Tonight British Vogue editor Alexandra Shulman will host a dinner in honor of Giannini at the new Saatchi Gallery on the King’s Road. The 150 guests will include Roisin Murphy, Claudia Schiffer, Sophie Dahl, Jamie Cullum, Tom Parker Bowles and Ben Elliot. Richard Ashcroft, lead singer of The Verve, will give an acoustic performance after dinner.
“A company such as Gucci must continue to invest, open stores, relocate and refurbish without stopping,” said di Marco, who is more inclined today to adapt a store concept to each different location. Over 70 percent of Gucci’s revenues are generated from its directly operated store network, a total of 258 at the end of December. The executive is planning an event to mark the China opening in May, “something different from a show,” and Giannini is expected to visit both Shanghai and Beijing, where Gucci has five stores.
As for the U.S. market, di Marco said Gucci is well covered in terms of direct stores and is evaluating different forms of collaborations with department stores. “We have great partners, but the direct channel or a joint venture are the ideal solutions for me, especially because of the services we can offer — there is more control,” said di Marco.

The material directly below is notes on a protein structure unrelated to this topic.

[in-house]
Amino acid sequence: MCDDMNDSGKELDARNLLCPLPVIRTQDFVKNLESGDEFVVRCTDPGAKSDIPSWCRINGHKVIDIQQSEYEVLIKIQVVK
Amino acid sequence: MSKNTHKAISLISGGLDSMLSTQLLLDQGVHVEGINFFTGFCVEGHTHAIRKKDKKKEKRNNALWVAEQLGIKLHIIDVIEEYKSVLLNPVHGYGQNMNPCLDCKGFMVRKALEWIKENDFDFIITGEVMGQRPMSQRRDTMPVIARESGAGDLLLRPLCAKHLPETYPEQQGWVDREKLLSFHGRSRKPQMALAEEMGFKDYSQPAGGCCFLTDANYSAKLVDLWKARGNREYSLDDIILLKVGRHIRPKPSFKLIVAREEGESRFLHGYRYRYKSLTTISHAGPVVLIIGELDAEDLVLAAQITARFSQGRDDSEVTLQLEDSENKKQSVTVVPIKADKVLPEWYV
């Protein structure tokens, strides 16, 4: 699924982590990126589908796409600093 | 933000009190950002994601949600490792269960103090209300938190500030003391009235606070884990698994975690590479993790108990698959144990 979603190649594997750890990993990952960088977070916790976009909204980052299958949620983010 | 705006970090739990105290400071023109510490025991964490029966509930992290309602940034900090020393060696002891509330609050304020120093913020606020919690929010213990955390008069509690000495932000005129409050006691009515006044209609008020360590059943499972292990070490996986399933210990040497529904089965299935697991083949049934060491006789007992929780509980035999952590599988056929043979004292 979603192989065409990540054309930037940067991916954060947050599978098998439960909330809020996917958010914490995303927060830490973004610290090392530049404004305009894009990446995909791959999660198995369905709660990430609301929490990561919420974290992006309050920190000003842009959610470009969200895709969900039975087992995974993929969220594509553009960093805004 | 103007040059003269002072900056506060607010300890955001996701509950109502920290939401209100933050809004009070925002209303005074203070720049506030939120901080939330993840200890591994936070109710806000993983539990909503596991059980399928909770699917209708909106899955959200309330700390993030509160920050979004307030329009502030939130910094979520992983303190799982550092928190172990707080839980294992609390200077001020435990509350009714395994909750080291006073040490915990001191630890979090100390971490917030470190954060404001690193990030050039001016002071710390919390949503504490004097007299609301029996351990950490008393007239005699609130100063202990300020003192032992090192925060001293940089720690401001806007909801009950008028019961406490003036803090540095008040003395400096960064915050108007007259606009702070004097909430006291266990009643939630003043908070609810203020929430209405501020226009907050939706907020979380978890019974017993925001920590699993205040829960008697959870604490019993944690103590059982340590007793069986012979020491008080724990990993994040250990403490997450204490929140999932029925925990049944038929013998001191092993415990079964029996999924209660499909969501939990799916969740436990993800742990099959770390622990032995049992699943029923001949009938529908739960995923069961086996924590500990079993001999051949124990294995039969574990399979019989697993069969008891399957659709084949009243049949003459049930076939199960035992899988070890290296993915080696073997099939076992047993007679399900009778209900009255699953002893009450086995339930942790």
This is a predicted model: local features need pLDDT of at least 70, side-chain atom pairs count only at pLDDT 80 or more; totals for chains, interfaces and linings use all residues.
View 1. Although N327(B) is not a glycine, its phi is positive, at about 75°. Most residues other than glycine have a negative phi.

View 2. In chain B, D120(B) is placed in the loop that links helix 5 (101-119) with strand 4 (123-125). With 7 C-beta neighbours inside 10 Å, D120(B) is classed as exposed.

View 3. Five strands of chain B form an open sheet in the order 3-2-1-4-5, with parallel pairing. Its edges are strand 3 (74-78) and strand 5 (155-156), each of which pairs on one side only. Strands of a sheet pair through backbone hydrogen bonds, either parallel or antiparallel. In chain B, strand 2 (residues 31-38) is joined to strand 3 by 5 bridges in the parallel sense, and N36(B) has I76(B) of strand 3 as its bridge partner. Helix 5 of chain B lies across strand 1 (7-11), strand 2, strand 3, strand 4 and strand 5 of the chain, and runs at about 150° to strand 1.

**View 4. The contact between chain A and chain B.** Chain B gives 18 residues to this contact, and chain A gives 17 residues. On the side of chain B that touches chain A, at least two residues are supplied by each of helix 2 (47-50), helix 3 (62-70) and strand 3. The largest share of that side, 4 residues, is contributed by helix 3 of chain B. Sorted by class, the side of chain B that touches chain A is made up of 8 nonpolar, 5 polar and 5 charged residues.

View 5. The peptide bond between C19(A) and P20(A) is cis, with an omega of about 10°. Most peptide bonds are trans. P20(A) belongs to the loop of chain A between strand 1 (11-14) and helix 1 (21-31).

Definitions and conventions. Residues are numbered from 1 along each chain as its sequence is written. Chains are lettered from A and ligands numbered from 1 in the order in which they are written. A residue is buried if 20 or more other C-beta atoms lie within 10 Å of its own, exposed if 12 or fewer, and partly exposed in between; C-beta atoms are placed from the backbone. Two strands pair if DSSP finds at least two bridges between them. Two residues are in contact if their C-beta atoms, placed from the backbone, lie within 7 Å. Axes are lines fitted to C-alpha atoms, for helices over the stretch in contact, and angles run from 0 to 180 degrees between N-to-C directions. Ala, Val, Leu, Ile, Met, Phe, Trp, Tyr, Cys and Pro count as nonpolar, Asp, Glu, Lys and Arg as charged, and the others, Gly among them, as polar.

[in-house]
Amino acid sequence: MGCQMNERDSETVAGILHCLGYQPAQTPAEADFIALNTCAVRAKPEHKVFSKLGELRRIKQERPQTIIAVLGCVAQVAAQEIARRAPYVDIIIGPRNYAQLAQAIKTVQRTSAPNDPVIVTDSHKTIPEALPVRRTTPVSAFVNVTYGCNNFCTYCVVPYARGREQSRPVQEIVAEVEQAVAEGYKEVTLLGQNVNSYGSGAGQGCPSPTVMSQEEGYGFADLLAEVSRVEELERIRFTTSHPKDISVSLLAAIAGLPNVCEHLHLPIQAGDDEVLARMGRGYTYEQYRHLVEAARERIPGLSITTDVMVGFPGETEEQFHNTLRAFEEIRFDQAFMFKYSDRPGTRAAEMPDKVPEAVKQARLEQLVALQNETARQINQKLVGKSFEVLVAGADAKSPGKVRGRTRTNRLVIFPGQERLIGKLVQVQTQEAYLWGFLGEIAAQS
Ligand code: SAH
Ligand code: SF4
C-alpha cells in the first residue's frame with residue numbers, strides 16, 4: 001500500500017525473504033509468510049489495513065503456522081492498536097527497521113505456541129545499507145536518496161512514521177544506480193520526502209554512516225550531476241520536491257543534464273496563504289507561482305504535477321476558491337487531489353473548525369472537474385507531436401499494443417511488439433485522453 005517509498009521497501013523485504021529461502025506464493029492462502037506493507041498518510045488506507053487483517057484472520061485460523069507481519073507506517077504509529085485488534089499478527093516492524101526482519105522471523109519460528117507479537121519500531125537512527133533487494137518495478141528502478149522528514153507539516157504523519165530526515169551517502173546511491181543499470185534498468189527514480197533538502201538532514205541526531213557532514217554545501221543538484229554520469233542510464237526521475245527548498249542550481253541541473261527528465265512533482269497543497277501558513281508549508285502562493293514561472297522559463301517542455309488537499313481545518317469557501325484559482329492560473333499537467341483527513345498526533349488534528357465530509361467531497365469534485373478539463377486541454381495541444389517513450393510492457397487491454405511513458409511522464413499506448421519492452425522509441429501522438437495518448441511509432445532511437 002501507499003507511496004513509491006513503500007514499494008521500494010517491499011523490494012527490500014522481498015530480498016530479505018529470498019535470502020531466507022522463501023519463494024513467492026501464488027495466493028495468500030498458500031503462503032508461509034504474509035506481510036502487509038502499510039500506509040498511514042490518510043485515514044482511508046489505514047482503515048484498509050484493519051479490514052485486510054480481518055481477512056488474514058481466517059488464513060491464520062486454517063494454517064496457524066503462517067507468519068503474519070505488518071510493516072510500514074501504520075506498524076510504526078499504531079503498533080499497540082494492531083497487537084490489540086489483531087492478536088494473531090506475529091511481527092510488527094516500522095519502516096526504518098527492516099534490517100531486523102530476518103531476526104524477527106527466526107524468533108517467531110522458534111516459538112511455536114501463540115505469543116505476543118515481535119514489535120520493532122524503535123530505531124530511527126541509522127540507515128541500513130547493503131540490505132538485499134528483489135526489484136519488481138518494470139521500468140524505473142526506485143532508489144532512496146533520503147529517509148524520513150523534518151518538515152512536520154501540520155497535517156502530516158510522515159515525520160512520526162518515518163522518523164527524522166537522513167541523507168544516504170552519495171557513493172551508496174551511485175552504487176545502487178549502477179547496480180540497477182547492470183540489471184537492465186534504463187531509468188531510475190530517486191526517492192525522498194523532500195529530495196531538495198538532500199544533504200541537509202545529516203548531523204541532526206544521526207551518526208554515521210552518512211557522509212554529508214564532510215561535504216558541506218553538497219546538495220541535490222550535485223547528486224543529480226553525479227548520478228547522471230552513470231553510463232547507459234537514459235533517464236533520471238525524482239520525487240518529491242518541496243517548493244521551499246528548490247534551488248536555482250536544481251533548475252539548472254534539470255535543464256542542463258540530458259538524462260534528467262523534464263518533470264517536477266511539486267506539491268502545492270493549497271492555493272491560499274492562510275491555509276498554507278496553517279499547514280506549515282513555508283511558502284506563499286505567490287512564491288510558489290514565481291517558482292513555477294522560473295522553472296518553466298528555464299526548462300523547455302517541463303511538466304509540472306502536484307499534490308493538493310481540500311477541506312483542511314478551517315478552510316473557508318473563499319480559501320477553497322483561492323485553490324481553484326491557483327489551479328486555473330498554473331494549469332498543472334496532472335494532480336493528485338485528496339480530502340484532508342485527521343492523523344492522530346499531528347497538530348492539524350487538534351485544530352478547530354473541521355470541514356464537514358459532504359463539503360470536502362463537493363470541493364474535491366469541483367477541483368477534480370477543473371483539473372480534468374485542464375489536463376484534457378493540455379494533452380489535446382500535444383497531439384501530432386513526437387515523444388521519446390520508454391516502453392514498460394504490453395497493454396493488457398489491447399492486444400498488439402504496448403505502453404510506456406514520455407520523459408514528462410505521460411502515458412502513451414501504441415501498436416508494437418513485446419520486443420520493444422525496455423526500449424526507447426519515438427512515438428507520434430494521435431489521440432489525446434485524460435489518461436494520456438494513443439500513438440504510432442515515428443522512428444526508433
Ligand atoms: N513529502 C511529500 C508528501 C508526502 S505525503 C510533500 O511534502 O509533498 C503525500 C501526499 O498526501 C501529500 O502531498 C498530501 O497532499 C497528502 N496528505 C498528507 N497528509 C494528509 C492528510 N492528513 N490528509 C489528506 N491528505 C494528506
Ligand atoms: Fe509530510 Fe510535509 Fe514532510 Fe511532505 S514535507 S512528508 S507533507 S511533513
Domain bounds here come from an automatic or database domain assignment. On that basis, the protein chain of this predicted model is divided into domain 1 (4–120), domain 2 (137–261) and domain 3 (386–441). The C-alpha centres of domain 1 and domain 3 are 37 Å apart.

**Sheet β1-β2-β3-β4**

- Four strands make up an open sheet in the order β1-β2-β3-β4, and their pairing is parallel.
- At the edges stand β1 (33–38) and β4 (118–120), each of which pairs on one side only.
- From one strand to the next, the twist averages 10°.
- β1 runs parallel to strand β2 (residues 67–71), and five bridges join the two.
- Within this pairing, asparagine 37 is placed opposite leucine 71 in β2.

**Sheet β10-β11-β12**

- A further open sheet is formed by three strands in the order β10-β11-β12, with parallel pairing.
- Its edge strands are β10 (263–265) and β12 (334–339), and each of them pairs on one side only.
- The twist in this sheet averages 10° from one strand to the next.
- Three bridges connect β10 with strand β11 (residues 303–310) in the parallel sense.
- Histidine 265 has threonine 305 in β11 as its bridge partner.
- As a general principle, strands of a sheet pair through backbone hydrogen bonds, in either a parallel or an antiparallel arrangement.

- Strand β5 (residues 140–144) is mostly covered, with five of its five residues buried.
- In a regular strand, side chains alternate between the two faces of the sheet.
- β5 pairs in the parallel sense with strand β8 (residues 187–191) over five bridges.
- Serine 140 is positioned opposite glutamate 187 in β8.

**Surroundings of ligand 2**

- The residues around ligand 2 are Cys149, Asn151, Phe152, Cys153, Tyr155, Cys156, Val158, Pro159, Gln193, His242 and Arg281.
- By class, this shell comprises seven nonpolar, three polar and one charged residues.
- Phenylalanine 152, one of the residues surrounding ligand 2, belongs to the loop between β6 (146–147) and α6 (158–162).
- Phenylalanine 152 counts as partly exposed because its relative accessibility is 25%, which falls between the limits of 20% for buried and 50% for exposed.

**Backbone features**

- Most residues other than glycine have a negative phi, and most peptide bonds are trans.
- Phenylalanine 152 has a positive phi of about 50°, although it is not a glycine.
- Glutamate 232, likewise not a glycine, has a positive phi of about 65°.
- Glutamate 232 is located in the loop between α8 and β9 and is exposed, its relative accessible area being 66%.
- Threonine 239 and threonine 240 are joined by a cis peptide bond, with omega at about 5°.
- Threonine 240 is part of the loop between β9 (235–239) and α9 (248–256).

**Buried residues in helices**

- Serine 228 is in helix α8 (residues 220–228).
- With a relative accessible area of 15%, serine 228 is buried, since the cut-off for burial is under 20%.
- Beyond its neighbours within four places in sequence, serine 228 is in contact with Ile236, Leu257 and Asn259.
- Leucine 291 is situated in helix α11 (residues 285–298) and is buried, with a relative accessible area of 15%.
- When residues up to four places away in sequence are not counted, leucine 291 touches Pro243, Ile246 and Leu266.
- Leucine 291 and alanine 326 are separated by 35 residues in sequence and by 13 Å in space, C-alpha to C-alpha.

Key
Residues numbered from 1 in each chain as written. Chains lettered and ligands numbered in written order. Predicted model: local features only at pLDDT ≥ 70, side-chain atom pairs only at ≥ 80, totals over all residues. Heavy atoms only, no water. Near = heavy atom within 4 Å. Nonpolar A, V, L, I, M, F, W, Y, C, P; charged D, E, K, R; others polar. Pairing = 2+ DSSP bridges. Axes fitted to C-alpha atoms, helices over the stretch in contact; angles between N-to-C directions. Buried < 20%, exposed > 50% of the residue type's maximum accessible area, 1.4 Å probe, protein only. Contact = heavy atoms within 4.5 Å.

The American customer’s “psychological block and mental attitude” toward walking into stores and spending has spiked online sales for the brand. Gucci first entered e-commerce in the U.S. in 2002, and now sells all product categories online in 10 countries. Over the past few months, the company has started exploring social networks, reporting almost 400,000 supporters on Facebook.
Looking ahead, di Marco has a “reasonable and realistic” approach, confident more can be done with fewer resources. “It’s too easy to say there are less resources; I make do with less anyway, with staff numbering a little below the ideal, for example, because one of the worst possible things to do is to fire people,” said di Marco. “It’s difficult to maintain one’s feet on the ground, to be pragmatic and balanced in difficult moments, but this is precisely when you see the qualities of a company. I’m reasonably optimistic, and I’d be content as long as our resources are used in the best possible way.”